BOSTON—A steady stream of visitors made their way up the steps of the Boston Public Library in Copley Square. The library is home to “Dear Boston: Messages from the Marathon Memorial,” a collection of photos and mementos that document the outpouring of support that flowed into the city after the April 15, 2013 Marathon bombings.
Mary and her husband Charles, who live in Cambridge just three blocks from the family home of suspected bombers the Tsarnaev brothers, came to to see the exhibit.
“We lived through this. It is an emotional thing to come and look at, it is very moving,” Mary said. Their neighborhood was locked down during the extended search for the brothers that shut down the city and surrounding towns for nearly 24 hours.
Dzhokhar Tsarnaev is scheduled to go on trail in November for the bombing. His brother Tamerlan was killed during the shootout with police in the aftermath. The attack left three people dead and more than 260 people injured, many of whom are permanently disfigured.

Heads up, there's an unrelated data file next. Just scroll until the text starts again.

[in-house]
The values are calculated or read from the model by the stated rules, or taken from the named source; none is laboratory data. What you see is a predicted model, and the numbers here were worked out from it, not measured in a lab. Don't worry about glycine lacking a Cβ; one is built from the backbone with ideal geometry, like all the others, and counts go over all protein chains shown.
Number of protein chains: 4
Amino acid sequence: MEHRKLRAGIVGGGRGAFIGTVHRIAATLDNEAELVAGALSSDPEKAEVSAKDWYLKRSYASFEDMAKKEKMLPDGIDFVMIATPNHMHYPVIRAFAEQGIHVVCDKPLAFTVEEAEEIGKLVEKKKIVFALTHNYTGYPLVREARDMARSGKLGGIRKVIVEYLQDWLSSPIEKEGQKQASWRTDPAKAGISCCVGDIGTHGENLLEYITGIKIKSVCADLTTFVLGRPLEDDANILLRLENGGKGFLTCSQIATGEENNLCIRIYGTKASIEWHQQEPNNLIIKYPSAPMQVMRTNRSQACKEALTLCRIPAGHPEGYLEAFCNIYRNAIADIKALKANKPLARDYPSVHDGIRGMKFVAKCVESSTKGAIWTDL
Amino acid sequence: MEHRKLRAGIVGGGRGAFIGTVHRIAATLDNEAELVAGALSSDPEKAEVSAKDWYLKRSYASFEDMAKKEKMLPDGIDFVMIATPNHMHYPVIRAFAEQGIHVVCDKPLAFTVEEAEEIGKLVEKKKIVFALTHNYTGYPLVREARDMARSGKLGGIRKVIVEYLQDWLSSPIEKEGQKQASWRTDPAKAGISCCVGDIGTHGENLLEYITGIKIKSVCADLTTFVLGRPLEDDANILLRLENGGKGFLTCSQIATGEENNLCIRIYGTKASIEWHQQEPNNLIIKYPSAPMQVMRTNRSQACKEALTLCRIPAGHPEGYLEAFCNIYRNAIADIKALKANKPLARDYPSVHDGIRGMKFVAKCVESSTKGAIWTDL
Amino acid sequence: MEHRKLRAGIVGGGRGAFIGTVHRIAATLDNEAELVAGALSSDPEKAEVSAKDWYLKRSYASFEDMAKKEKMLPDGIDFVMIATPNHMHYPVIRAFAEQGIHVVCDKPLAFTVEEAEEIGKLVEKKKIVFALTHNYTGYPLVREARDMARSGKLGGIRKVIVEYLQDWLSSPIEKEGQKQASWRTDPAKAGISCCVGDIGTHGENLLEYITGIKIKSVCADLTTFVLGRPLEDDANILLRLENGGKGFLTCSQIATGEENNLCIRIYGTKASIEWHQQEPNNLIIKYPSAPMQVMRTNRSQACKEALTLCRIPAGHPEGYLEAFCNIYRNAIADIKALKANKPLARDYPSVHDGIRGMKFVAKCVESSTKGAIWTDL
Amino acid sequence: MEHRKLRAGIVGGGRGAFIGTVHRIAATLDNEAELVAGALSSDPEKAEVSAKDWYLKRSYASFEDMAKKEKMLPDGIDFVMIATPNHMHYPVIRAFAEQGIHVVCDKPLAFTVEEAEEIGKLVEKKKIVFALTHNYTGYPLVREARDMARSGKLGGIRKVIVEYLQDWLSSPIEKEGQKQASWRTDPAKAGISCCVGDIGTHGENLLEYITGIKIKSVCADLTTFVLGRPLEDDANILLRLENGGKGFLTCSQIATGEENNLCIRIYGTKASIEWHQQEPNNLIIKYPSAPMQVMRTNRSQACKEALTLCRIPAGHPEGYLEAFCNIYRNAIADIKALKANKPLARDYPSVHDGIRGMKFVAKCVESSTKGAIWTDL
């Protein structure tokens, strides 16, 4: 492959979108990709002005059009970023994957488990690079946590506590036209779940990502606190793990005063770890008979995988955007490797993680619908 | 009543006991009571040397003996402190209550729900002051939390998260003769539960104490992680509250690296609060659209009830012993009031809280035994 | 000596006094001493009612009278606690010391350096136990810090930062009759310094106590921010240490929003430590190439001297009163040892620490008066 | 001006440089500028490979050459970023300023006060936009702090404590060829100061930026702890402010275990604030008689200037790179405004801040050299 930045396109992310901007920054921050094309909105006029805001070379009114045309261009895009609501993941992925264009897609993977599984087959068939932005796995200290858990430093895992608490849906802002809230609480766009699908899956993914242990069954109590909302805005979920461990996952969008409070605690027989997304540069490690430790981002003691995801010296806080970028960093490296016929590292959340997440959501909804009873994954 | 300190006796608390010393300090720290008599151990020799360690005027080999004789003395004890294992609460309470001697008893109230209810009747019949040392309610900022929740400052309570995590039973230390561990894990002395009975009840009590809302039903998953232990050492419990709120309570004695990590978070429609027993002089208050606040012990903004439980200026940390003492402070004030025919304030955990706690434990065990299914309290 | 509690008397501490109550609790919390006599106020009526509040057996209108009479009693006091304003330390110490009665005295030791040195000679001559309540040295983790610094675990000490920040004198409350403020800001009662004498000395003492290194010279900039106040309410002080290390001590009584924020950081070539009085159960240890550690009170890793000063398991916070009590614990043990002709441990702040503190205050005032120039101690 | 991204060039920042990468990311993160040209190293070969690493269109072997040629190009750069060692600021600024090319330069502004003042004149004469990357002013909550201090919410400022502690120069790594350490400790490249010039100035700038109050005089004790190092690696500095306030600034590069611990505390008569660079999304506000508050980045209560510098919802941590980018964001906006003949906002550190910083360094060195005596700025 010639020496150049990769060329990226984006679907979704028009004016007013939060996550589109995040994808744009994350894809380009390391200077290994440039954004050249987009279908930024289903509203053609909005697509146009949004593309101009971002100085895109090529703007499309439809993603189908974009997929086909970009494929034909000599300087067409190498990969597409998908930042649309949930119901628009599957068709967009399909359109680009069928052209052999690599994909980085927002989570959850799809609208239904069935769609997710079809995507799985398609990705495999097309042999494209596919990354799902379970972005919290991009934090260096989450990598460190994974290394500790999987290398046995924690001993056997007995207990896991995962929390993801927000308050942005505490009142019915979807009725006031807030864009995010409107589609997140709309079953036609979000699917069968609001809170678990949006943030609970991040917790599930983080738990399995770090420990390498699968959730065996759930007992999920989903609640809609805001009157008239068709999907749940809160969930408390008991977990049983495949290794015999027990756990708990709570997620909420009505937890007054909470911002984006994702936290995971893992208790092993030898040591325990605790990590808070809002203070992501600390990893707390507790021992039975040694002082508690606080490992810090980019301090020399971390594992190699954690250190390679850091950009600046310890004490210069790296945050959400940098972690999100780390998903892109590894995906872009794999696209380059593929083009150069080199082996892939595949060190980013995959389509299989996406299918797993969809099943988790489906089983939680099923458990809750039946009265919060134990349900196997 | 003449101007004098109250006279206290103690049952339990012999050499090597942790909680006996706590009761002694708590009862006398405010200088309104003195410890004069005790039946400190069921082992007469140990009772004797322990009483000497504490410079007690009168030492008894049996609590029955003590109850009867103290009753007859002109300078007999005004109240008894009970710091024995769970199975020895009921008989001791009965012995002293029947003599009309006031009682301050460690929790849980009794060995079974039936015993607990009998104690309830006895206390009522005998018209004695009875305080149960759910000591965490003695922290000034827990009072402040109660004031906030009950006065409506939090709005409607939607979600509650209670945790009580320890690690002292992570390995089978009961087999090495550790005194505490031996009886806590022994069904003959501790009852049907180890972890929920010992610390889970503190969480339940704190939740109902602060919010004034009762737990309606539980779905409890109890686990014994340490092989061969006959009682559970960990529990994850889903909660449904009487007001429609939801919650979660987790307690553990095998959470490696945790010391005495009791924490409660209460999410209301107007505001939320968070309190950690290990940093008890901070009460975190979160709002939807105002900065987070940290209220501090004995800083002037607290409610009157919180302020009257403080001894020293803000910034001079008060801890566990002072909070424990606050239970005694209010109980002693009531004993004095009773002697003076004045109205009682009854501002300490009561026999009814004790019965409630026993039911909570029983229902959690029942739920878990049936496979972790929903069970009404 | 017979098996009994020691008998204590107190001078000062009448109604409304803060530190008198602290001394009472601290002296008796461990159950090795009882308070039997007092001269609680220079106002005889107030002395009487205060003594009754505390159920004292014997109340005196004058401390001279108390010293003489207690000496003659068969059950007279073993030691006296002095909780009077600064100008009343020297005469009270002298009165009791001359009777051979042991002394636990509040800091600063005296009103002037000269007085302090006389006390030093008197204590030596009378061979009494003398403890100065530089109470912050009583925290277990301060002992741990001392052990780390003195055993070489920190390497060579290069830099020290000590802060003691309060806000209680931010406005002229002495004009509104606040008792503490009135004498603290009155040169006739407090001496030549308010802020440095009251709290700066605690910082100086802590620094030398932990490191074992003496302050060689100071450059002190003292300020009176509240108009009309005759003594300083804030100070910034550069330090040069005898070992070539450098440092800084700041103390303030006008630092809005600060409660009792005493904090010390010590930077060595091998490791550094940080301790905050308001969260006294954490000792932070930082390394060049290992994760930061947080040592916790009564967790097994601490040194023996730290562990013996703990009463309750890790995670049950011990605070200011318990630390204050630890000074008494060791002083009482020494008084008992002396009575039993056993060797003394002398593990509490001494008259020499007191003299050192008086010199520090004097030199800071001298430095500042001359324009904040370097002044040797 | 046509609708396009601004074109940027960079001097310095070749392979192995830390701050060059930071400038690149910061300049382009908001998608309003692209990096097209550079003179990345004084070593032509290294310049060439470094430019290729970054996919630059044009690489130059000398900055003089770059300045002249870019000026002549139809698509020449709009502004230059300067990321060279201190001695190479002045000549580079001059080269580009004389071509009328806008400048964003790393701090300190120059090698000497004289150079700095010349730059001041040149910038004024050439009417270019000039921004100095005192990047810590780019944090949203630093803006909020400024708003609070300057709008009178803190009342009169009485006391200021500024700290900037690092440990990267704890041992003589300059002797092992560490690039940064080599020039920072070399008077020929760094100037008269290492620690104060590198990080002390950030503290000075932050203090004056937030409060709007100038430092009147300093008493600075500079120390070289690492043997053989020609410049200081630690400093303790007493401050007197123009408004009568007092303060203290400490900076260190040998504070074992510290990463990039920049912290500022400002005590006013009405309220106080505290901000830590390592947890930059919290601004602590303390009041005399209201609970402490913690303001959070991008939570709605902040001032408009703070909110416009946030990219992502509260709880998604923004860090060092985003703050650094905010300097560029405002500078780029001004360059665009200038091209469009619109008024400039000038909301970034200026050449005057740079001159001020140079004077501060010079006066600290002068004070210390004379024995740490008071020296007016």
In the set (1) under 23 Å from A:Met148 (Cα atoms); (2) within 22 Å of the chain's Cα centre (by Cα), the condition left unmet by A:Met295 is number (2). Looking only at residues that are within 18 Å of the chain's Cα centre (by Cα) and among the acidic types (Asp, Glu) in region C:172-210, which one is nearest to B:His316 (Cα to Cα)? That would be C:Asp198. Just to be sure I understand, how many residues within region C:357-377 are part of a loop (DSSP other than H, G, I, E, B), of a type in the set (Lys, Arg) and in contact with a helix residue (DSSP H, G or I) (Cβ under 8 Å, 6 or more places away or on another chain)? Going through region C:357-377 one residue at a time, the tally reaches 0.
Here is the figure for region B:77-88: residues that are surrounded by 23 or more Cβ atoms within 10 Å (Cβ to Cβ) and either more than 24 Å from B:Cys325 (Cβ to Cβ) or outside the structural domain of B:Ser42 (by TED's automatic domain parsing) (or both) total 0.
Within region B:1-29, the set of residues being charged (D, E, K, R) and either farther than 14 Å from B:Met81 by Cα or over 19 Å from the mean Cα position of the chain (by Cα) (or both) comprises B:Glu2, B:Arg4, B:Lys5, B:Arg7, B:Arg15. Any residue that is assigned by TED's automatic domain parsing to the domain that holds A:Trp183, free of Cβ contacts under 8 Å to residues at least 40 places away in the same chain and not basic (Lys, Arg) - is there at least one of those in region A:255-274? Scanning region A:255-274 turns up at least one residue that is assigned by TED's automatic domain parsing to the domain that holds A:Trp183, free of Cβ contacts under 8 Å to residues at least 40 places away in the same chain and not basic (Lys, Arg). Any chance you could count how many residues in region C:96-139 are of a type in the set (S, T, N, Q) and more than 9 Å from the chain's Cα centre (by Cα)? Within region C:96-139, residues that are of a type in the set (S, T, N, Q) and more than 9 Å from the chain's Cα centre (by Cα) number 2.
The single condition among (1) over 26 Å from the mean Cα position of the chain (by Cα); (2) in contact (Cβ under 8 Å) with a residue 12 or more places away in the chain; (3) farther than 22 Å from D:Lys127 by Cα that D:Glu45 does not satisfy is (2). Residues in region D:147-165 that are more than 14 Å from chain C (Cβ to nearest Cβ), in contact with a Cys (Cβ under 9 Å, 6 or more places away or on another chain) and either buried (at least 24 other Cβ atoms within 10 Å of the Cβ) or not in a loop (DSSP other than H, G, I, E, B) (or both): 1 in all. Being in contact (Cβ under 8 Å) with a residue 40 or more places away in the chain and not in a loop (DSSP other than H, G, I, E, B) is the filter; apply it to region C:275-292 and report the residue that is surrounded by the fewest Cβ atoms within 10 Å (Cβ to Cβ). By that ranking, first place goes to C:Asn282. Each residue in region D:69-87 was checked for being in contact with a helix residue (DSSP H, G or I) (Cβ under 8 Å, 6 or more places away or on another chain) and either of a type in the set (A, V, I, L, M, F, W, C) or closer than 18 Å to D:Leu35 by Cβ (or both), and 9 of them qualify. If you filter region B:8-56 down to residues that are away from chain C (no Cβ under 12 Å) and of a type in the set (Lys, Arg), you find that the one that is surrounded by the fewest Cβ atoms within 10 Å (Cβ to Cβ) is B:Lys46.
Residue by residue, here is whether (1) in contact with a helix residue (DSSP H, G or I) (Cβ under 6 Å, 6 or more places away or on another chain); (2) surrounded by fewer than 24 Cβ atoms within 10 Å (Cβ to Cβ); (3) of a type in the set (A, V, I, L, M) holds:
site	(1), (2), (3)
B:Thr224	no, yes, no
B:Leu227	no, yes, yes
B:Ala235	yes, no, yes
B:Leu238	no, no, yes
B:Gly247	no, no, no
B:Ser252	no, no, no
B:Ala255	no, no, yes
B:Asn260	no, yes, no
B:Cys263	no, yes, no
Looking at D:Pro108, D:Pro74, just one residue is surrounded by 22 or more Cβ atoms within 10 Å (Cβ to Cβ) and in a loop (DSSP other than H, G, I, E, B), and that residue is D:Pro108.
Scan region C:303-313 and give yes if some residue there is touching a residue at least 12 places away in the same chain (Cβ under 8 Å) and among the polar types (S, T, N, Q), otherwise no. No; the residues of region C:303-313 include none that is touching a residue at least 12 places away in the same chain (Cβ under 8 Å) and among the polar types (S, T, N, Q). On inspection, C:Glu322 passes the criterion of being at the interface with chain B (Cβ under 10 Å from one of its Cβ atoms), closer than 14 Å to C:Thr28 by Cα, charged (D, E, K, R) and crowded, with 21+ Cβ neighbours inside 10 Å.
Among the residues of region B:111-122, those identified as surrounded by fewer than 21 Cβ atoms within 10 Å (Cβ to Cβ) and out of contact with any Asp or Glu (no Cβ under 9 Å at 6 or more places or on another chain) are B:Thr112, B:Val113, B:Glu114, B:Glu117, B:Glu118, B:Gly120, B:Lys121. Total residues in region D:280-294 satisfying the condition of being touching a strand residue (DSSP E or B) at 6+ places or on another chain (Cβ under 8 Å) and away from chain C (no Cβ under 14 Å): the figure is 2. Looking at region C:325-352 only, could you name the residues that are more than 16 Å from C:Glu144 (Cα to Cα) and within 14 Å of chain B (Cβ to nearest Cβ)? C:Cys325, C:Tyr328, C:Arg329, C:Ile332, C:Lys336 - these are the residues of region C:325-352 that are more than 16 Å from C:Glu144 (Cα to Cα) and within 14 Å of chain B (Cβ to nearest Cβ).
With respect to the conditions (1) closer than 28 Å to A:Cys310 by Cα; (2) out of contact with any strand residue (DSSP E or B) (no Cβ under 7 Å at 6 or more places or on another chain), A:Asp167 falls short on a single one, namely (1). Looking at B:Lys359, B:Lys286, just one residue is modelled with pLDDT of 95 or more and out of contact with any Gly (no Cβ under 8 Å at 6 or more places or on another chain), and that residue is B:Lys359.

The exhibit is both an archive of the past and an outlet for still raw feelings of fear, loss, hope and resilience. Three trees in the exhibit hall are blooming with flowers and hundreds of white tags printed with messages from visitors.
The most touching exhibits capture moments of beauty and clarity that defy the confusion and turmoil of that difficult time. One sign left on the memorial reads “Darkness cannot drive out darkness, only light can do that.”
The exhibit is in the McKim Exhibition Hall in the Central Library in Copley Square and runs from April 7 through May 11, 2014.